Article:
edward lilley

A Wild Heart Returned - Poem by edward lilley

Night began with the faint hoarse thrump of the bullfrogs
Calling from the edge of the pond.
Rising up, and swelling louder through the fog
No stars
Cool air rolling down out of the pines
To the edge of the meadow
Hissing as it met the heat
Making mist
Rising up
Bringing the earth’s breath with it.
No words spoken between us
All was meadow, path
And wading down
Deeper into the steaming grass
The incense of it sliding up on us like silky water of a lake.
Taking my will away.
Pulling us down into the sweetness of woodruff
Queen Anne’s Lace tying us at the knees
And the tongue-pink bloom of milkweed licking at us
Breaking all the rules.
And oh, the swelling and the pressing of the sound.
Buzzes, chirps
Groans and screeches
Open throat and rasping wing
Wailing endless verses of some mad song.

That night took us prisoner.
There in the middle of the deer path
Pressing down on me
Lifting you up
Lost in the scream of crickets
Pulling it out of you
Coming up behind me
Letting you push farther down the path of me
than anyone one had ever let me go.
Holding it in.
Holding on as long as I could
To the end of a chorus
Letting go
And falling
Falling down and gushing
Spilling out the laughter
Leaving tears on your belly
And your heart beside me in the path.

Then there was silence
And the moon came out and caught us
Naked and shivering
Newborns in a grassy nest.
Silence broken by the fierce snort and thumping of a buck
Indignant that we had blocked his path to water.
We ran the whole dark way to the house.
You out ahead of me, carrying my heart in your pocket.
Your heart lost in the meadow.
And that was long ago.

I awoke this morning, knowing I had dreamed of you again.
The faint smell of milkweed on my pillow.
Two weeks from your birthday
And I knew it was time to head out into February
To see what treasures had made it through the tyranny of years, ice and wind.

Bundled in layers of woolen armor
I made my way through barbed wire
Melting drifts of snow
And the blood red rip of briars to find that spot
A path still used by foxes, deer and lovers on their way to water.
This bouquet is made of all that was left still standing.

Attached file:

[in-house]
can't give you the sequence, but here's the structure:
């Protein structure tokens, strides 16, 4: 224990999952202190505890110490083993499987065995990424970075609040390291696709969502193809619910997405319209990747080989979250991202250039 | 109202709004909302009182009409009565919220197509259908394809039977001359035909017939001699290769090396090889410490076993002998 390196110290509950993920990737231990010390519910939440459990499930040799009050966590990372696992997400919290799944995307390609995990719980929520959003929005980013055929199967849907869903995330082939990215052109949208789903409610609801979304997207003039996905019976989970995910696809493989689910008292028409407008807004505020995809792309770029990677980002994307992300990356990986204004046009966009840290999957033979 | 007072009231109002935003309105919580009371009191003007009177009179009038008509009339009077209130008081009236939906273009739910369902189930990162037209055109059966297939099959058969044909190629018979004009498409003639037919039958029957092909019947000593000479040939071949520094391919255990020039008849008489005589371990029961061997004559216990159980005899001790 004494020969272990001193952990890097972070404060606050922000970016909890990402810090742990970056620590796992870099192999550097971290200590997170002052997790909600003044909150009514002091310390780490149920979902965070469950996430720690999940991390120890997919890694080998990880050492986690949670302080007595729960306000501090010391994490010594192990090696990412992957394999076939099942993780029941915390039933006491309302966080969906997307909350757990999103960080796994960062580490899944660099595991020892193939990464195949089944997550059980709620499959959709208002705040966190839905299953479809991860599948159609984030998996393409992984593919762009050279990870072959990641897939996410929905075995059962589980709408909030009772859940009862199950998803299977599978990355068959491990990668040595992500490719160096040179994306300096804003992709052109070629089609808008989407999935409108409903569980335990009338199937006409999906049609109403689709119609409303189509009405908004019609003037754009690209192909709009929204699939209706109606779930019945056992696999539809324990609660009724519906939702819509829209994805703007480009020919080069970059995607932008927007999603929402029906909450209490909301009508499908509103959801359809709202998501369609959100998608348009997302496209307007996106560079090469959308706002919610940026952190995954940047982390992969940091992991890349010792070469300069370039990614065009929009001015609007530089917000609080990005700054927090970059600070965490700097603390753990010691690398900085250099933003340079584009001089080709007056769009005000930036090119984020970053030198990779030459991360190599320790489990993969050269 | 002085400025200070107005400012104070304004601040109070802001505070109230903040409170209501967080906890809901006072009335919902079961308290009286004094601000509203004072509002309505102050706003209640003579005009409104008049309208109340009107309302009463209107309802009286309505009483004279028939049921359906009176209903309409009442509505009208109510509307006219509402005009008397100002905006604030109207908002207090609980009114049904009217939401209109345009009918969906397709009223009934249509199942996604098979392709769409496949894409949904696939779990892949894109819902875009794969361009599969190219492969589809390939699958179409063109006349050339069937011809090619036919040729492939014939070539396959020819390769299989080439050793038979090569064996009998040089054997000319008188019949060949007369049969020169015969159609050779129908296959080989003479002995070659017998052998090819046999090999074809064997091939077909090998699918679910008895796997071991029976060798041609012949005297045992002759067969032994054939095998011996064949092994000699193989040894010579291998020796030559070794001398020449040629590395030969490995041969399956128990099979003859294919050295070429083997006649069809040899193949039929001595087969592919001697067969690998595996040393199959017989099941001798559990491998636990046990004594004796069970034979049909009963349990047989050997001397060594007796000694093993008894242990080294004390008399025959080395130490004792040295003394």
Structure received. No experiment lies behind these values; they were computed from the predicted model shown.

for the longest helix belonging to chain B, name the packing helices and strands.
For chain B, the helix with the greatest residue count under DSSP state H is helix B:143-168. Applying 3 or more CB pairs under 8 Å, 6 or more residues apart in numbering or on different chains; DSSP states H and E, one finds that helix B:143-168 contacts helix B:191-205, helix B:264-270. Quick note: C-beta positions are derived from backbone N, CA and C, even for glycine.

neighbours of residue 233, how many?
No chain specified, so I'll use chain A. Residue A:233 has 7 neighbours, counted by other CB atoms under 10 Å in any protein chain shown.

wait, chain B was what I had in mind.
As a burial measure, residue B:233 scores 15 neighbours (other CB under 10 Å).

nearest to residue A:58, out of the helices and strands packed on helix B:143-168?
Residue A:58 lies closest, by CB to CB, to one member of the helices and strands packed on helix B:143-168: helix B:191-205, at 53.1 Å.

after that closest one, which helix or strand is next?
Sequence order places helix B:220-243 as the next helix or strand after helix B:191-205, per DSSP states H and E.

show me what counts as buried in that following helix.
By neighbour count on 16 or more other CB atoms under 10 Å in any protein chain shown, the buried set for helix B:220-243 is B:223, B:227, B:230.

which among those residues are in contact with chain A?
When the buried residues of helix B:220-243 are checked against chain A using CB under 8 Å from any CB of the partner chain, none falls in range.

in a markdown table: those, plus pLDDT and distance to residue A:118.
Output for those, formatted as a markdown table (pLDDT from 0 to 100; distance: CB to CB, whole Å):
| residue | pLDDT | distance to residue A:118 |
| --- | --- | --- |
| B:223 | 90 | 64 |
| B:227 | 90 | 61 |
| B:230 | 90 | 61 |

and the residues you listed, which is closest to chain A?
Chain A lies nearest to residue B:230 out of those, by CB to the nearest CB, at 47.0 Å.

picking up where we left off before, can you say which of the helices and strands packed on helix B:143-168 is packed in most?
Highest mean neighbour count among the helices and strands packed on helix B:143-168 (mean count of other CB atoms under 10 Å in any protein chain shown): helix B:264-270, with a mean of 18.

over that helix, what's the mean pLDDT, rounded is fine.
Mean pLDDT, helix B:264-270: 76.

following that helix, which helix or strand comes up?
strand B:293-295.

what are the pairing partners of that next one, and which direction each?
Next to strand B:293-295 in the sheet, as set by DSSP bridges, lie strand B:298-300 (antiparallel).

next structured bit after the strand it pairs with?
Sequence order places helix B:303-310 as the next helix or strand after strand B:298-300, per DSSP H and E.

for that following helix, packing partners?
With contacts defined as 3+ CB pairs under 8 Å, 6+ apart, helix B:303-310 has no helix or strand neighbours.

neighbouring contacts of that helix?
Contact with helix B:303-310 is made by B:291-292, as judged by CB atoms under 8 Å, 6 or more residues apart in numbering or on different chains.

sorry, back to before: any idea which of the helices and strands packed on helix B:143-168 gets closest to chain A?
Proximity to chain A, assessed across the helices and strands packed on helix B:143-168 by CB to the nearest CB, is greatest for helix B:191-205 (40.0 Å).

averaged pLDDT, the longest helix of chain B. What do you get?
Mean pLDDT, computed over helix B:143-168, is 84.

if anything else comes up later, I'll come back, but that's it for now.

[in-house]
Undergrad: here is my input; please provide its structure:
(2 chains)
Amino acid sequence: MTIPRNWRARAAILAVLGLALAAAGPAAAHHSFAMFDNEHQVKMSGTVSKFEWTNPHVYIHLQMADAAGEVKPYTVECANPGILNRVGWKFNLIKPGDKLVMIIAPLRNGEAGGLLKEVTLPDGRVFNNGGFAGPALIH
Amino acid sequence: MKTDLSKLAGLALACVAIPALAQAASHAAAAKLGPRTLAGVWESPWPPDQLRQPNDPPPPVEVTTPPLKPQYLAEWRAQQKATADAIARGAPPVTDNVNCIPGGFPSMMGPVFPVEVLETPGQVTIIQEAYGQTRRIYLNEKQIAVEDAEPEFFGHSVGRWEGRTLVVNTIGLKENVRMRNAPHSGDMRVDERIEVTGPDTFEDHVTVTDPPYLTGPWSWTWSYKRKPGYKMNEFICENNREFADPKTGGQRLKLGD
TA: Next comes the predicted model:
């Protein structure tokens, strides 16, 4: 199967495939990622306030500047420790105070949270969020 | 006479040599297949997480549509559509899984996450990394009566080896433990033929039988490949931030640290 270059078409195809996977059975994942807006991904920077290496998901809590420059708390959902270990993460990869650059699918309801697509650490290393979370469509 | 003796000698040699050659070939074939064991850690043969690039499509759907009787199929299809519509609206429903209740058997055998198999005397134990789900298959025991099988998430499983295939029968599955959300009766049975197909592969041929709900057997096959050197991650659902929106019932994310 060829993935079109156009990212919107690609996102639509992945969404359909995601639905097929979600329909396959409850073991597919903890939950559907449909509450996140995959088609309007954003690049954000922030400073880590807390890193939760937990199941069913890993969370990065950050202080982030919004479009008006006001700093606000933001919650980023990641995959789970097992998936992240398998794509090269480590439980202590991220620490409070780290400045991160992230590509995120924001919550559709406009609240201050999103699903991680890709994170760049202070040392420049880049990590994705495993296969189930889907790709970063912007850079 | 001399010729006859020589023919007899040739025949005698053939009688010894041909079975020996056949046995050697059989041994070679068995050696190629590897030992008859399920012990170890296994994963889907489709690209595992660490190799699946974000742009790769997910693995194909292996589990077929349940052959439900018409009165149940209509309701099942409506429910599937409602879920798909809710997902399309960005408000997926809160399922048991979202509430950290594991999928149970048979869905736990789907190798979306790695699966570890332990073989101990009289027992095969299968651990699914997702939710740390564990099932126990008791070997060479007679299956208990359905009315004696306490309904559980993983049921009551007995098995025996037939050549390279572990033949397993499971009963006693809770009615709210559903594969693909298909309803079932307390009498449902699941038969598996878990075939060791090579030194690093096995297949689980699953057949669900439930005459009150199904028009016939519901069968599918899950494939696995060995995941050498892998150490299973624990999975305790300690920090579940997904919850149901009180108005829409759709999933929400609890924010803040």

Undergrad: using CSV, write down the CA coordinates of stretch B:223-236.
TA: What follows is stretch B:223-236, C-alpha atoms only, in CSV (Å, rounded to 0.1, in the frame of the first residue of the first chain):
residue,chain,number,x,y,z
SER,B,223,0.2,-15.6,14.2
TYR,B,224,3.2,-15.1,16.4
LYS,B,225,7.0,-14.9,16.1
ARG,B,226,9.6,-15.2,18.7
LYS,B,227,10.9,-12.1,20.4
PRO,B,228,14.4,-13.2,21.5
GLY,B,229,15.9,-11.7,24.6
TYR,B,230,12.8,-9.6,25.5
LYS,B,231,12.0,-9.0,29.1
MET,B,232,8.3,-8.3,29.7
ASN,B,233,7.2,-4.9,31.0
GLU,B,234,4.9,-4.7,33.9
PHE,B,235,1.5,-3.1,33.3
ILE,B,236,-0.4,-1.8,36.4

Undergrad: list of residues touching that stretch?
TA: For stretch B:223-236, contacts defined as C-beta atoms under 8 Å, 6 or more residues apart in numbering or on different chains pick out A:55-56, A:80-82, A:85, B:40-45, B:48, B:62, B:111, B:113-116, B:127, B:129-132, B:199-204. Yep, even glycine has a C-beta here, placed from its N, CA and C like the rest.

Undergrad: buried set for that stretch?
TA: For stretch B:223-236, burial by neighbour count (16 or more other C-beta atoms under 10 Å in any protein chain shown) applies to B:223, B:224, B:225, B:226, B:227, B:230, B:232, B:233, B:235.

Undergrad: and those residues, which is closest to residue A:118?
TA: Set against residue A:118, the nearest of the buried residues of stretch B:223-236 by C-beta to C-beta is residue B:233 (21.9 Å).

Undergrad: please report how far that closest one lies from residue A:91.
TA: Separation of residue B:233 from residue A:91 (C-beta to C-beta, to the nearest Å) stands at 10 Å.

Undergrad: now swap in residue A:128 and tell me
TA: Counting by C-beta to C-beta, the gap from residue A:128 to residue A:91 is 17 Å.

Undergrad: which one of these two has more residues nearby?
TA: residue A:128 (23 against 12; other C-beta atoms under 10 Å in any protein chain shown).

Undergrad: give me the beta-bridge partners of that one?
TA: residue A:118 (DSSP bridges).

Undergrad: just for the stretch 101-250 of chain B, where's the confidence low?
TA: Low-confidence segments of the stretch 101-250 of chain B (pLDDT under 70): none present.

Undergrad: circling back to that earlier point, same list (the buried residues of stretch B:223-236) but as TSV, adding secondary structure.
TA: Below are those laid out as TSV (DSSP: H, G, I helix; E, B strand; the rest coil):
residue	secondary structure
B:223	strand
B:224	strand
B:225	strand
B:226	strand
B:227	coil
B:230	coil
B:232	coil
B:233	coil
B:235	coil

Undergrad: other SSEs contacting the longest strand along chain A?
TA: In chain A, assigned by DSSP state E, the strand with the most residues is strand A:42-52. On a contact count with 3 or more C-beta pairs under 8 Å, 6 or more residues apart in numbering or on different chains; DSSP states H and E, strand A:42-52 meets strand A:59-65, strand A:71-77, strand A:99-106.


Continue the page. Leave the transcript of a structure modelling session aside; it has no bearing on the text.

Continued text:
Dried bearded wheat, golden rod and pearly everlasting.
Here are the guts and bones from the center of a sacred winter meadow.
Breathe them in.
One summer night is still alive in these remains.
I found them still standing
The empty pods of milkweed filling up with snow.
Bring them close.
And you can hear the waves of cricket song and night birds.
I have brought you back your heart
Curled in the wrinkled fingers of scrub grass and scarlet leaves.

Here there are wishes still alive
Promises kept
And seeds attached to silken wings so strong
They can ride on the back of hurricanes
And still not die.
Not die, but drift down to some warm and welcoming spot
Where they can send out roots
Grow heart-high beside a path
And bloom in the fog on the hottest night of summer.

You left your heart on a deer path.
And I went back to find it.
It is here, bound together with binders twine
In the midst of treasure.
I have carried it all this way
To celebrate this day with you
To untie knots,
Give you back what I had briefly borrowed.
Not mine, but yours to keep.

Here is your heart.
Born again
Filled with fresh snow
New paths
Sea foam and mercury
Bowers to hide in
High limbs to shout from
Love songs ready to burst out in all directions
And warm arms waiting!

Happy Birthday!

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Poem Submitted: Wednesday, May 3, 2006

Poem Edited: Wednesday, July 21, 2010

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